Review – Grand Alliance: Death

Hot on the heels of Balance of Power and Grand Alliance: Chaos, GW have released a new tome for Age of Sigmar – Grand Alliance: Death. So, should you be picking this one up?


The first thing you will notice is that it is quite small and, in fact, rivals Battletome: Chaos Dreadholds for smallness – just 88 pages. The second thing you will spot is the amount of money you handed over for it – just £10, a lot less than Dreadholds.

It is also a softback, in the same fashion as Grand Alliance: Chaos and given this, and the price point, three possibilities come to my mind.

  1. GW are intending to replace these books every few years to incorporate new models and Warscrolls, so they are being made cheaply and sold cheaply so no one has to worry about re-purchasing a £30 Codex. You are not going to complain too much if GW ‘make’ you spend £10 or so every couple of years.
  2. GW are looking for a cheap entry point through which people can buy Age of Sigmar books, in the same way as there are high price point new miniatures and low price point re-boxings.
  3. Age of Sigmar books are not selling particularly well and so GW are trying to support their new game as cheaply as possible.

A lot of cynics will latch on to Number Three, but we should remember that these books will have been planned a long time ago (before Age of Sigmar was first released, I would guess) and the campaign books and Battletomes are still hardback. For my part, I would lean towards Number Two.

The proof will come if either the campaign books or Battletomes go softback or a Grand Alliance book gets revised.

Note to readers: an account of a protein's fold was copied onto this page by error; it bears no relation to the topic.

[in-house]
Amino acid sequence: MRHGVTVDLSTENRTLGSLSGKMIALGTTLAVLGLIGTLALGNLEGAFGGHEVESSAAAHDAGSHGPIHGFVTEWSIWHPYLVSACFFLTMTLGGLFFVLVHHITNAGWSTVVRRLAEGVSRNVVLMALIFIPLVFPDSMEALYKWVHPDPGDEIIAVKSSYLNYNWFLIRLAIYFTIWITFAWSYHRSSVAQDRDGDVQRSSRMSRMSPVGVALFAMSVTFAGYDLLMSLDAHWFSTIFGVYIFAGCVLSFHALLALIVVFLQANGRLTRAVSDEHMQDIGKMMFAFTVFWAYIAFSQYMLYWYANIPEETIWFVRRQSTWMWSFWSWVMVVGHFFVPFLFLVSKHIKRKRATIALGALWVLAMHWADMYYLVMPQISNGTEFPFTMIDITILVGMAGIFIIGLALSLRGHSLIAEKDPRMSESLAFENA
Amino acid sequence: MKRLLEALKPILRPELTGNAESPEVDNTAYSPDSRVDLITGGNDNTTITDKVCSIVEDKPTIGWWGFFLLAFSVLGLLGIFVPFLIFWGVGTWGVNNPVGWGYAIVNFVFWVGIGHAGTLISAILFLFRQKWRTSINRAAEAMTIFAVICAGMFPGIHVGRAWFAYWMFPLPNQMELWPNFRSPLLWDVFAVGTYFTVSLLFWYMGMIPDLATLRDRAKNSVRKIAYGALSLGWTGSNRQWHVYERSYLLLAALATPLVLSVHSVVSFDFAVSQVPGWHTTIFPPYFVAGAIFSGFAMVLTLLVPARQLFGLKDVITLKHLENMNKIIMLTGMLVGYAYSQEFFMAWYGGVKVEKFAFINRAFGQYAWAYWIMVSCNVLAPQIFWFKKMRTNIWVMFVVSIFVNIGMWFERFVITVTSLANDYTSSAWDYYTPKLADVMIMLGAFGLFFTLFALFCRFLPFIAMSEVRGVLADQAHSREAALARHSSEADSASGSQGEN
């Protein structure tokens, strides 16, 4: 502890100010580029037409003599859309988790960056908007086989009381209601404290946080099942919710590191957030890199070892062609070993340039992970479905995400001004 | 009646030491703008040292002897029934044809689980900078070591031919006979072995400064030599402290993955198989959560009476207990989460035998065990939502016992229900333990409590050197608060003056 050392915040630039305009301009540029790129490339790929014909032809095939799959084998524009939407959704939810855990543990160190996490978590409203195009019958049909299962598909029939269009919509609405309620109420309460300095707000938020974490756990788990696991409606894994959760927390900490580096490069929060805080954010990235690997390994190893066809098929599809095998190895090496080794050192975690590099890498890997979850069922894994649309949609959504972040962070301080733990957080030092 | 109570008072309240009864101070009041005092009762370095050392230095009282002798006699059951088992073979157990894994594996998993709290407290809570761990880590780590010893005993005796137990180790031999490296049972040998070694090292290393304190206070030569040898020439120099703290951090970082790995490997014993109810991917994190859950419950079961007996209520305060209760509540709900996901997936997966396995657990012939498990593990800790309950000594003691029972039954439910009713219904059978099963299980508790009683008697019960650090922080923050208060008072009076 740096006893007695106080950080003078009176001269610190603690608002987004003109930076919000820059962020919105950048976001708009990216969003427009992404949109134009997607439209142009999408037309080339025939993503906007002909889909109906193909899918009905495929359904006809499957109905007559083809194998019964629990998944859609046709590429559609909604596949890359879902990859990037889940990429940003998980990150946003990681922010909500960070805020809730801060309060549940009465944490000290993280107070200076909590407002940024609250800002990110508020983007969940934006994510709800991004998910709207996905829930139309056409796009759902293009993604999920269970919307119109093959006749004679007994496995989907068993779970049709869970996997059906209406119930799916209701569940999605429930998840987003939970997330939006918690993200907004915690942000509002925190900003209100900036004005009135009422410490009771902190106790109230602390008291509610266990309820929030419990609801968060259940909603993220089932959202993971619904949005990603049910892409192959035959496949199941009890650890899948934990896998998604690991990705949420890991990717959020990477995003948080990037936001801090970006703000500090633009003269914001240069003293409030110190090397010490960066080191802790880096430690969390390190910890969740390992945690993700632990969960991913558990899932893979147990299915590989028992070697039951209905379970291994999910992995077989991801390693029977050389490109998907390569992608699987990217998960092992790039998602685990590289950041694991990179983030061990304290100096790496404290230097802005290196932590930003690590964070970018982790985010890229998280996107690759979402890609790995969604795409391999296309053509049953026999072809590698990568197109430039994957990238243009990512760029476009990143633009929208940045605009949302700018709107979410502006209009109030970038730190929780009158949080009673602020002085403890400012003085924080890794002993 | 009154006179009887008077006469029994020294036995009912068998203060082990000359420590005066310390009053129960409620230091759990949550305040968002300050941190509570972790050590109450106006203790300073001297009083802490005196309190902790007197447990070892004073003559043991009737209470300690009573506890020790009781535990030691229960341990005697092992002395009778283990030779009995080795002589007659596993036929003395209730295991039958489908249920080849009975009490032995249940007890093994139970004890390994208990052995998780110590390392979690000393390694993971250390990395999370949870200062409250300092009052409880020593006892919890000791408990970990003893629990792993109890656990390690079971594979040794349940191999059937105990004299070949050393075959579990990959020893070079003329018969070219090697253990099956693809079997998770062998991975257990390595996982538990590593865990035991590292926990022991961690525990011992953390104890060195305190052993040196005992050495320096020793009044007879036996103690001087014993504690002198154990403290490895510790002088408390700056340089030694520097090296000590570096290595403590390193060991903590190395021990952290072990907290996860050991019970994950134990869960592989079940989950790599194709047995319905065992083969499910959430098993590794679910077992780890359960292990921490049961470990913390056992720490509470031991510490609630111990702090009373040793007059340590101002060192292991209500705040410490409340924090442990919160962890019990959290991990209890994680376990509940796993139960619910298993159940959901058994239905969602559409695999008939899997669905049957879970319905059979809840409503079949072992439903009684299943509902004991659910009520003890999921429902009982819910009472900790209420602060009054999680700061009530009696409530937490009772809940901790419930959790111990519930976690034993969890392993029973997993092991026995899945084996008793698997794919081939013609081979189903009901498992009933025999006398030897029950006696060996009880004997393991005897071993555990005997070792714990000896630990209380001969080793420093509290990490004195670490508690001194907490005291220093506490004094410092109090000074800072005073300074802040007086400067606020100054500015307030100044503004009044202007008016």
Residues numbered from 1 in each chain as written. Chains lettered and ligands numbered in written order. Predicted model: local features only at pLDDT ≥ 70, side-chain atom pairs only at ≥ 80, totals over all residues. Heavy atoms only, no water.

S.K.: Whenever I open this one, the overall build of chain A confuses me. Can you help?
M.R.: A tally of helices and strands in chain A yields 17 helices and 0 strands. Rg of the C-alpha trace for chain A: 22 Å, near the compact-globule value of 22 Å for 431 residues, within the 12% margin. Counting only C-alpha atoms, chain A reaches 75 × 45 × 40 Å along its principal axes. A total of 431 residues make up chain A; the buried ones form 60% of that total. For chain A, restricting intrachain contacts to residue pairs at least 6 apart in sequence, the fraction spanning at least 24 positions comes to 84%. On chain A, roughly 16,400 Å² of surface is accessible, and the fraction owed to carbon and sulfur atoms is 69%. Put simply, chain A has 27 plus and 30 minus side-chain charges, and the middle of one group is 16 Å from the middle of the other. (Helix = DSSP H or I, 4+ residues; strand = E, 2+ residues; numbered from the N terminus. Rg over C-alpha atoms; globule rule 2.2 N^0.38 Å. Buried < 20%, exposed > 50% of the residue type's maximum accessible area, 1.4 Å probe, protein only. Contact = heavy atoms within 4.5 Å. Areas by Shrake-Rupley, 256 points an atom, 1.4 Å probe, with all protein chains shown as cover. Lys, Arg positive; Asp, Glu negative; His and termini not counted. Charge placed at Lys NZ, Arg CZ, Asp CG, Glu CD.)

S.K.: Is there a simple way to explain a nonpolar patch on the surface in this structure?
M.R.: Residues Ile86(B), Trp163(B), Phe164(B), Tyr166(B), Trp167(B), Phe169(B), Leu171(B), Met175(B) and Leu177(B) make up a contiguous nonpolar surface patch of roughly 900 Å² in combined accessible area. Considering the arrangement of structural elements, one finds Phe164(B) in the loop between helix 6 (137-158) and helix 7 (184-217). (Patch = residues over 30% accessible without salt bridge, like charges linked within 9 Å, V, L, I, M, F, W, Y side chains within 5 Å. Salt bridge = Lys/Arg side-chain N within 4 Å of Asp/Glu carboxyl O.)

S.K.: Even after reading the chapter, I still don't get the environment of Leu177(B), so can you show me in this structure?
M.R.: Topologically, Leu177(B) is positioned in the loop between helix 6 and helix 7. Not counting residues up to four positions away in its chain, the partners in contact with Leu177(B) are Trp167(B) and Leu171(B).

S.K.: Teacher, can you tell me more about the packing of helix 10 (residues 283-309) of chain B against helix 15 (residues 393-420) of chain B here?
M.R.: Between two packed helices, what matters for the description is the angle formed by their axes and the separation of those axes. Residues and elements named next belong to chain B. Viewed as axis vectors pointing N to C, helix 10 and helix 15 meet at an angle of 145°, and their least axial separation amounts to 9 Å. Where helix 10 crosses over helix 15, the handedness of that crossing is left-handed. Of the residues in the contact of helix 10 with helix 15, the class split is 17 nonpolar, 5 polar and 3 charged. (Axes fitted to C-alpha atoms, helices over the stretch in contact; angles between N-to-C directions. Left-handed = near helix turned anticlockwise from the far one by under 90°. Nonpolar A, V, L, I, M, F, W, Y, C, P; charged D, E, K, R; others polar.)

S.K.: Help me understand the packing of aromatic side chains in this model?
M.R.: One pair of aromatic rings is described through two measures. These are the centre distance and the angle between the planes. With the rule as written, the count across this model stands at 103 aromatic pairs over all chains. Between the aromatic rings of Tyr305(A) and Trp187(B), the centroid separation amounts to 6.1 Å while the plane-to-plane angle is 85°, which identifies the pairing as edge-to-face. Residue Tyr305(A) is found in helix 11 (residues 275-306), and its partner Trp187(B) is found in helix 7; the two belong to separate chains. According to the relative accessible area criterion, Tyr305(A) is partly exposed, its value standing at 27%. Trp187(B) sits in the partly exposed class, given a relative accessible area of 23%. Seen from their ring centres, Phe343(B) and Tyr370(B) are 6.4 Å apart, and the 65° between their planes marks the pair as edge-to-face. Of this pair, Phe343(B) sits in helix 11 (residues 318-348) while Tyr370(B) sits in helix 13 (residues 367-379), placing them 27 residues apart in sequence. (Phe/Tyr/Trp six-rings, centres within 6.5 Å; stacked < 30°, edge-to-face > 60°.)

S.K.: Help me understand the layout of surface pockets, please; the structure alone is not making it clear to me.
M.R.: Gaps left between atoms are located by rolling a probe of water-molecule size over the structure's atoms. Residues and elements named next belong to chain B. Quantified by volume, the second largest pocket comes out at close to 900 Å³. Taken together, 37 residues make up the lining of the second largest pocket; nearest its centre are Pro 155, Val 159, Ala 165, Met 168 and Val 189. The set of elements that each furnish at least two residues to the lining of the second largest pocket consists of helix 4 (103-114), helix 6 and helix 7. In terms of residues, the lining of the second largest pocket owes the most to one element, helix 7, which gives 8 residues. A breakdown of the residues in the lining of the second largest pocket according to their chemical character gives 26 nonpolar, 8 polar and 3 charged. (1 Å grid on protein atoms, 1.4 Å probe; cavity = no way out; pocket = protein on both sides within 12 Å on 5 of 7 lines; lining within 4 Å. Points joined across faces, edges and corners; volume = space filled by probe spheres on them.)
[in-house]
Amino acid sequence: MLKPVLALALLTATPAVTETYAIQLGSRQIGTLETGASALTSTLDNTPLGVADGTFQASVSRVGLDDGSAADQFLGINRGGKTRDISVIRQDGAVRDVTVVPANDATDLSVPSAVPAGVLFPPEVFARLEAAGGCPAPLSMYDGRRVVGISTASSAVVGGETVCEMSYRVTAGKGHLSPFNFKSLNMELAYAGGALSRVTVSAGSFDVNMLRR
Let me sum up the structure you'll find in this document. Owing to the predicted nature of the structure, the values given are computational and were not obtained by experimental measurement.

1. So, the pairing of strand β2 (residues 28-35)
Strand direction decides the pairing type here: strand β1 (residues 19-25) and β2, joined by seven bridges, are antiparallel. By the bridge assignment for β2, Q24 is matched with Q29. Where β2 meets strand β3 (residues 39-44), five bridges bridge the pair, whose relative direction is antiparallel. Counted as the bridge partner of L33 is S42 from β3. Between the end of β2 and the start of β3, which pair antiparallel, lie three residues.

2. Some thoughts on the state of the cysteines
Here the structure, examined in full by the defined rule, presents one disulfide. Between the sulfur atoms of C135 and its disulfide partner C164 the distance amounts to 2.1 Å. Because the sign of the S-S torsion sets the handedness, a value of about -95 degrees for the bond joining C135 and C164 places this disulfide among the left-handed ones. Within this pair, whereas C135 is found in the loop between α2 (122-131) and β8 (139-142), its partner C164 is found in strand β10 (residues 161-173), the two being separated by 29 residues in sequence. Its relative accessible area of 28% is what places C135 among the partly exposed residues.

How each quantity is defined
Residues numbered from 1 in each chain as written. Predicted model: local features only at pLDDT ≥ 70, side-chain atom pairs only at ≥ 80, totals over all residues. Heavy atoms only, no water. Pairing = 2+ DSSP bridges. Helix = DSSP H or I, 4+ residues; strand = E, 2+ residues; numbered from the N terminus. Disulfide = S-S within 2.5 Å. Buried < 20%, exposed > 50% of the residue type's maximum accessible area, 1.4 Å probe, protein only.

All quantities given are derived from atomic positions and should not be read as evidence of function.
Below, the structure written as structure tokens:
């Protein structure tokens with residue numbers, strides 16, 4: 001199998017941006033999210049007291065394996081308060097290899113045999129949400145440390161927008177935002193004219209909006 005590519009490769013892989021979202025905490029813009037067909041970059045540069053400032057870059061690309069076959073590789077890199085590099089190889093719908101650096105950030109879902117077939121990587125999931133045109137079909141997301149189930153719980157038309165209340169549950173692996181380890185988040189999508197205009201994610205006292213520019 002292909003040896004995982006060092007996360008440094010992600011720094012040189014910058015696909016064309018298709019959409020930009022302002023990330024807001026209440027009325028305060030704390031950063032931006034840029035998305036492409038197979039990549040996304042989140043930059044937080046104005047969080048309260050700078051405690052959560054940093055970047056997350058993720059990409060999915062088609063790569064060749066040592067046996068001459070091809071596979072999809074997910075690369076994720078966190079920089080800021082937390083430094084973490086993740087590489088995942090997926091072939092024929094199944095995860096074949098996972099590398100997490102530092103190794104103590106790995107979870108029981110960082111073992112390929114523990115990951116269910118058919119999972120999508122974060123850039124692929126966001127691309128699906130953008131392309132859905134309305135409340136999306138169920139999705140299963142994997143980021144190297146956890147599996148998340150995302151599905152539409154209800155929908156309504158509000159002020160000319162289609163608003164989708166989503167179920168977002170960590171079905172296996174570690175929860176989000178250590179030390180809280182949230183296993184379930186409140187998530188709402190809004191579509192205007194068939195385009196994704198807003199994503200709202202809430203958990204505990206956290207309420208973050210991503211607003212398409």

Remember, it really is okay to withhold judgement until you know more!

Like Grand Alliance: Chaos, this book features three core items.


1. Warscolls

This is the meat of the book, and the reason you would buy it.


In this book you will find all the Warscrolls needed for all current Death models.

A lot has been made of what has been removed, most notably the Tomb Kings. There has been a little outcry over this on various forums but I think the writing was always on the wall for these guys. If the Fantasy range was going to get re-organised, it would never make sense to keep two plastic sets of Skeleton Warriors and, once you have made the decision to lose them, the rest of the Tomb Kings were always going to follow quickly.

I must admit, I was a little surprised that some of the larger Tomb Kings plastics went as well, but if you have a large Tomb Kings force already, remember those Warscrolls that GW published for free are never going to disappear from your hard drive. This is one of the cool things about Age of Sigmar – you will never have to worry about an army being invalidated (or Squatted) even if the models are withdrawn from sale. Your Tomb Kings can carry on marching for years to come!

Anyway, the Warscrolls are organised into factions based on the keywords used in the free-to-download Undead PDF, such as Deathmages, Deadwalkers and Nighthaunt. Like Grand Alliance: Chaos, some of these are intended to be ‘stand alone’ forces (such as the Deathrattle, Skeletons and related models led by a Wight King), while others are intended to be mixed and matched with others – the Necromancers within the Deathmage faction being a good example.